A couple weeks back, a friend sent me a link to "At the Edge of Inside," an OpEd piece by New York Times columnist David Brooks. It's an insightful piece, but with a political emphasis. His definition of various perspectives struck me as relevant and unexplored with respect to a business. For me, the takeaway was the importance of gaining a different perspective, be it from a coach, mentor, implementer, peer advisory group, or Trusted Ally.
Consider a Threshold Perspective.
The premise starts out basic enough - every company has people work there (Insiders) and people who don't (Outsiders). Even within an organization, departments have Insiders and Outsiders. Sometimes this leads to a strong silos. People at the core. People on the outside. Barriers in between.
But there is a third role. The position at the Threshold or Edge of the Core, with a distinct advantage of seeing and understanding multiple perspectives.
Insiders: People in the core of where decisions are made
Outsiders: People who are either unaware of the insider position, or are aggressively in opposition to it.
Thresholders: People who are on the edge - neither on the inside or on the outside.
A person at the edge of inside can be the strongest reformer. This person has the loyalty of a faithful insider, but the judgment of the critical outsider. –David Brooks, NYTimes Columnist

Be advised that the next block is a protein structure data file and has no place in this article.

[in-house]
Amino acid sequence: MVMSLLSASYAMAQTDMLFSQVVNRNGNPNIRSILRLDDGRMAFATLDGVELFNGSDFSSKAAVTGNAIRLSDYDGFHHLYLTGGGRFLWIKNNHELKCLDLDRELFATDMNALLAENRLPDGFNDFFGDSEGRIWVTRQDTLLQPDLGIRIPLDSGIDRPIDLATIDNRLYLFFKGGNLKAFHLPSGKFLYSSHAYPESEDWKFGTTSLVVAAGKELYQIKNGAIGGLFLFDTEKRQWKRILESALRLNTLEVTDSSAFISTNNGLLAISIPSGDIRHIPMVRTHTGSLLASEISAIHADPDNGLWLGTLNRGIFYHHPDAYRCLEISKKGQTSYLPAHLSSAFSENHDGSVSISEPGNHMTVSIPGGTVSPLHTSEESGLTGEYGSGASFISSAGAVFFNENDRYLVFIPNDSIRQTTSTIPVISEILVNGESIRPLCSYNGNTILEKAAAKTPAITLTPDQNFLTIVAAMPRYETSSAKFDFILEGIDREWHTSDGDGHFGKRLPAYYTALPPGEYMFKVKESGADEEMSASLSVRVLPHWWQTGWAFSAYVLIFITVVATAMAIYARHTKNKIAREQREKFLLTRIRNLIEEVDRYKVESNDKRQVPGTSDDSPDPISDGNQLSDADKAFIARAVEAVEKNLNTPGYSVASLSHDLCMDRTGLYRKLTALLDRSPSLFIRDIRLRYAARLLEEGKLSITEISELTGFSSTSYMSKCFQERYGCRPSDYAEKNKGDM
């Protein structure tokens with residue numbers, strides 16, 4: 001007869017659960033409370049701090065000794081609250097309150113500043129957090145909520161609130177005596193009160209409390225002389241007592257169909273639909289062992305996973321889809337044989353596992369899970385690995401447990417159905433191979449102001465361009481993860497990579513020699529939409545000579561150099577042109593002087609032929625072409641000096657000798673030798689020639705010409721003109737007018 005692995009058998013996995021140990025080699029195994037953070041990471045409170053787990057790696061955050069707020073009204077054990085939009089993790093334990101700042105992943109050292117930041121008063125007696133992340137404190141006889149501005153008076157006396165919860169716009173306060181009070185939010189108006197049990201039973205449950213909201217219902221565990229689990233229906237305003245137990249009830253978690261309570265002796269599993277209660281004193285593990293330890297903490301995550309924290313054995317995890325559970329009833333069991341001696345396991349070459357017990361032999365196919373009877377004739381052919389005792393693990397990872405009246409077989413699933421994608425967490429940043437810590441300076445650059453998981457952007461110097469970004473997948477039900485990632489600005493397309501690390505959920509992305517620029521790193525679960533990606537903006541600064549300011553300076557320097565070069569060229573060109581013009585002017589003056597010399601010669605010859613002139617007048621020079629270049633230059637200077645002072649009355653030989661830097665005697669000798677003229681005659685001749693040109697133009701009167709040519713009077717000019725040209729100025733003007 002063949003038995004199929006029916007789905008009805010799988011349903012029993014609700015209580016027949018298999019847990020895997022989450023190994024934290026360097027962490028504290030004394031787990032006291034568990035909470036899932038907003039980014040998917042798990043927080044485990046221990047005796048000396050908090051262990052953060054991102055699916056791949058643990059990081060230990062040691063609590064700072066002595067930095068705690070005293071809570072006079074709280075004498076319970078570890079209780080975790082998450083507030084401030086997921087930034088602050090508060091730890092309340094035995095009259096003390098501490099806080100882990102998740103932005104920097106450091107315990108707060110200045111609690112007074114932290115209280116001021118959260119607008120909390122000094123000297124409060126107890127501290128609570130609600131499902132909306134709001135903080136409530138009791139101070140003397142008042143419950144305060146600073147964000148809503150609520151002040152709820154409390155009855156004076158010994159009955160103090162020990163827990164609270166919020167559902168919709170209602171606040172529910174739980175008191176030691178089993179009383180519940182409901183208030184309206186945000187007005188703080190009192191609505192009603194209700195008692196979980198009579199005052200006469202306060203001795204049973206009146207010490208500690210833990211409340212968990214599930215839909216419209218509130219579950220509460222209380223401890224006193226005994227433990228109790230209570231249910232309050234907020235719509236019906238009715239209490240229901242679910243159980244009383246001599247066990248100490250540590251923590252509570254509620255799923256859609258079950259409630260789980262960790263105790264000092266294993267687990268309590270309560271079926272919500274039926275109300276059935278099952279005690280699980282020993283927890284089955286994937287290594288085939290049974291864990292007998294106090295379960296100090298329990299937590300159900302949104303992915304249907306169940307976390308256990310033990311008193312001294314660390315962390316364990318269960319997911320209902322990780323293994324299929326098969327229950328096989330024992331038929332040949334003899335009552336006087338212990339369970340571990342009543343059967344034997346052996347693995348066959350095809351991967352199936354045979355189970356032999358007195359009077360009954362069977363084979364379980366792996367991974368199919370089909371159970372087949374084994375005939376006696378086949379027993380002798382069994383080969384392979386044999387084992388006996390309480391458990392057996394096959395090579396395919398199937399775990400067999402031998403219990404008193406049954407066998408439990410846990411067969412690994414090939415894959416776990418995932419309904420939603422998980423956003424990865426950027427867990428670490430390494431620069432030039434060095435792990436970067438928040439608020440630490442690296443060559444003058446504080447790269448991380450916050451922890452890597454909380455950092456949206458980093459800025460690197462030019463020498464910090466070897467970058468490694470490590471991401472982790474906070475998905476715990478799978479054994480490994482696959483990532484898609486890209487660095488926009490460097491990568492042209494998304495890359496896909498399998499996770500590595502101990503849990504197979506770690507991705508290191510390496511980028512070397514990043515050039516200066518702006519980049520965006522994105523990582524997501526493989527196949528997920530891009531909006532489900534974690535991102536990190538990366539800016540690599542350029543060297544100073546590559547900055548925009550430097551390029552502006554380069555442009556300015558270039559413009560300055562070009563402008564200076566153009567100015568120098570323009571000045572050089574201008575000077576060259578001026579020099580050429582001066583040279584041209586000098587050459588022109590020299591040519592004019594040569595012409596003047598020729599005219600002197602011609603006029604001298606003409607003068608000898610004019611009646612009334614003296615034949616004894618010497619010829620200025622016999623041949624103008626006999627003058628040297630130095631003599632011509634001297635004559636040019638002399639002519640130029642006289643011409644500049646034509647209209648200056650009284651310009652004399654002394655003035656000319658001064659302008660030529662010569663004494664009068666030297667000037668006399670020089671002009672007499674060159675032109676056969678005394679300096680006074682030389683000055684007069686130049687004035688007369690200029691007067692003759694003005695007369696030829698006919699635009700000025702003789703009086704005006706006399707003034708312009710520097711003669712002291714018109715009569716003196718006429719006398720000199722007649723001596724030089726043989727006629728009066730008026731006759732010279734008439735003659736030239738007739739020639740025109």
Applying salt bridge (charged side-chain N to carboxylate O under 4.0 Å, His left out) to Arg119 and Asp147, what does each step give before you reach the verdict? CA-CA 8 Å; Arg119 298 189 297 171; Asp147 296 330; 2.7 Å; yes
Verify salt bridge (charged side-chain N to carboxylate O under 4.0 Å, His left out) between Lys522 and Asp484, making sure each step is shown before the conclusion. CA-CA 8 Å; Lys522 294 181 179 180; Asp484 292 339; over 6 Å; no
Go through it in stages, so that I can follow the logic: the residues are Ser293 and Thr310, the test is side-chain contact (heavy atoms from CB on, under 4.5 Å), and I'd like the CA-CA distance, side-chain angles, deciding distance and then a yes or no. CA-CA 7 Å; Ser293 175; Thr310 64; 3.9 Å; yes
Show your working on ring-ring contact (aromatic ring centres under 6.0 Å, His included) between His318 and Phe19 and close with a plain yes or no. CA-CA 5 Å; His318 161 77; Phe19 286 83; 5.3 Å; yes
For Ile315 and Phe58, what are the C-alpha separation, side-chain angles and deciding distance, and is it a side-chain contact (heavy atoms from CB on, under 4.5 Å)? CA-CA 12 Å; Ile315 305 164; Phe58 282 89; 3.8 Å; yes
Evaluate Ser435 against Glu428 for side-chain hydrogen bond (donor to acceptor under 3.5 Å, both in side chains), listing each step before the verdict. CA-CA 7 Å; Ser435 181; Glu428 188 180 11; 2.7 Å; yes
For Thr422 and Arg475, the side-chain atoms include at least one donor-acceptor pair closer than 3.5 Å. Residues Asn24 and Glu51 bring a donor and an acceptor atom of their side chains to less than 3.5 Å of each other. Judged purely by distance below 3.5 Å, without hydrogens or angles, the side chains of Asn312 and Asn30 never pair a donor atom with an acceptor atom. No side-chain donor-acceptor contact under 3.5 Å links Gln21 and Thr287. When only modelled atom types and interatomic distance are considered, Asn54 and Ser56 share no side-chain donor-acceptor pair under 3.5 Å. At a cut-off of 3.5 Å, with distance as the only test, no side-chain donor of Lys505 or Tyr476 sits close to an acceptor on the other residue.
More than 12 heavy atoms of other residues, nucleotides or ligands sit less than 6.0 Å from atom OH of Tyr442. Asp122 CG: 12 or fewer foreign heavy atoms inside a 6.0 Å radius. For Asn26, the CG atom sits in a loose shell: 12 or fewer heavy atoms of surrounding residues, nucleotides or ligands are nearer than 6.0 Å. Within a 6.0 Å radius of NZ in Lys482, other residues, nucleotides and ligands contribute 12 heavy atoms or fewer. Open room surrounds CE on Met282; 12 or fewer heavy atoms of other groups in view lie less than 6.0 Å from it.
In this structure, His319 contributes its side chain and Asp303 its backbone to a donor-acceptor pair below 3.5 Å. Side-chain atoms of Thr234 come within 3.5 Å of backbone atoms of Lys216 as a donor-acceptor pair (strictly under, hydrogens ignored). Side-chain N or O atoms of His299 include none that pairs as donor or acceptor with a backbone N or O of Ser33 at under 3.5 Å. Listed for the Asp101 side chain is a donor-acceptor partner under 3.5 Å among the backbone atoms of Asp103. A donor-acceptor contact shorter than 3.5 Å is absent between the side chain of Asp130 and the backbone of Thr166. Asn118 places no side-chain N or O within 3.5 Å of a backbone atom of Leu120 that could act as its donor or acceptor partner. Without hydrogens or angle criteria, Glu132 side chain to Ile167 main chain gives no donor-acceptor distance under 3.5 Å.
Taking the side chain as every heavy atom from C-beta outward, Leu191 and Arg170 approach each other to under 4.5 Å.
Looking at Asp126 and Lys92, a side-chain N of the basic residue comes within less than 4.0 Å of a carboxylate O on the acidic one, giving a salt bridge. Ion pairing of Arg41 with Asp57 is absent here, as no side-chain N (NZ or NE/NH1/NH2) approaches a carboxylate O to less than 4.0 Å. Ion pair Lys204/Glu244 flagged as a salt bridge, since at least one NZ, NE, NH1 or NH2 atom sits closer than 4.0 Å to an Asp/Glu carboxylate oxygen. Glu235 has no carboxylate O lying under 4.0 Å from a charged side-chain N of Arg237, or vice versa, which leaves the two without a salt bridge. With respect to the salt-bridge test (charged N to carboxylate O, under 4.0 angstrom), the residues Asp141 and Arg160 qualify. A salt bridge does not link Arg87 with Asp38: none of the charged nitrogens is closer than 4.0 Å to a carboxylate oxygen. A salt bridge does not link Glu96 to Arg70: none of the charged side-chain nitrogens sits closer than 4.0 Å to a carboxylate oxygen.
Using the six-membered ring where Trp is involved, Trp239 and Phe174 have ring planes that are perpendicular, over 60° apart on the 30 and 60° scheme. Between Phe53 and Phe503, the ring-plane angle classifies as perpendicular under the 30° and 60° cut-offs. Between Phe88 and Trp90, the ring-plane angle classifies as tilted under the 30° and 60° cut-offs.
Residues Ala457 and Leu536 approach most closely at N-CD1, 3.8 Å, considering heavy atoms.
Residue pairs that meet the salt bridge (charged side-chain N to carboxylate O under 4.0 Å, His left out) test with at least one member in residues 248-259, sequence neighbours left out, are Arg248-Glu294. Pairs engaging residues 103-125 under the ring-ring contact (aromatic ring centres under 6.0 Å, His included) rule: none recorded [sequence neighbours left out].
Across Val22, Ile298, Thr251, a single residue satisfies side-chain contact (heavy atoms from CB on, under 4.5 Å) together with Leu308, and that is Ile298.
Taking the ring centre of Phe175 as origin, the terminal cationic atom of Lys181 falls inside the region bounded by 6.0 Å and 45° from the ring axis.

Being on the edge has these distinct advantages:
An equal vantage point to the inside and outside of an organization
Freedom from insider group-think and day-to-day biases
A different perspective on both opportunities and obstacles
A sentinel mindset of guarding what's precious on the inside from what is harmful on the outsideAn inviting mindset of introducing new ideas from the outside into the insular core
Brooks "borrows the concept from Richard Rohr, a Franciscan priest who lives in Albuquerque. His point is that people who live at the edge of the inside have crucial roles to play. As Rohr writes in his pamphlet “The Eight Core Principles,” when you live on the edge of any group, “you are free from its central seductions, but also free to hear its core message in very new and creative ways.” A person at the edge of inside can see what’s good about the group and what’s good about rival groups. Rohr writes, 'A doorkeeper must love both the inside and the outside of his or her group, and know how to move between these two loves.'"
Is your business in need of reform? Invite someone you trust - a coach, a peer, a mentor, to your door, and consider their Threshold Perspective with an open mind.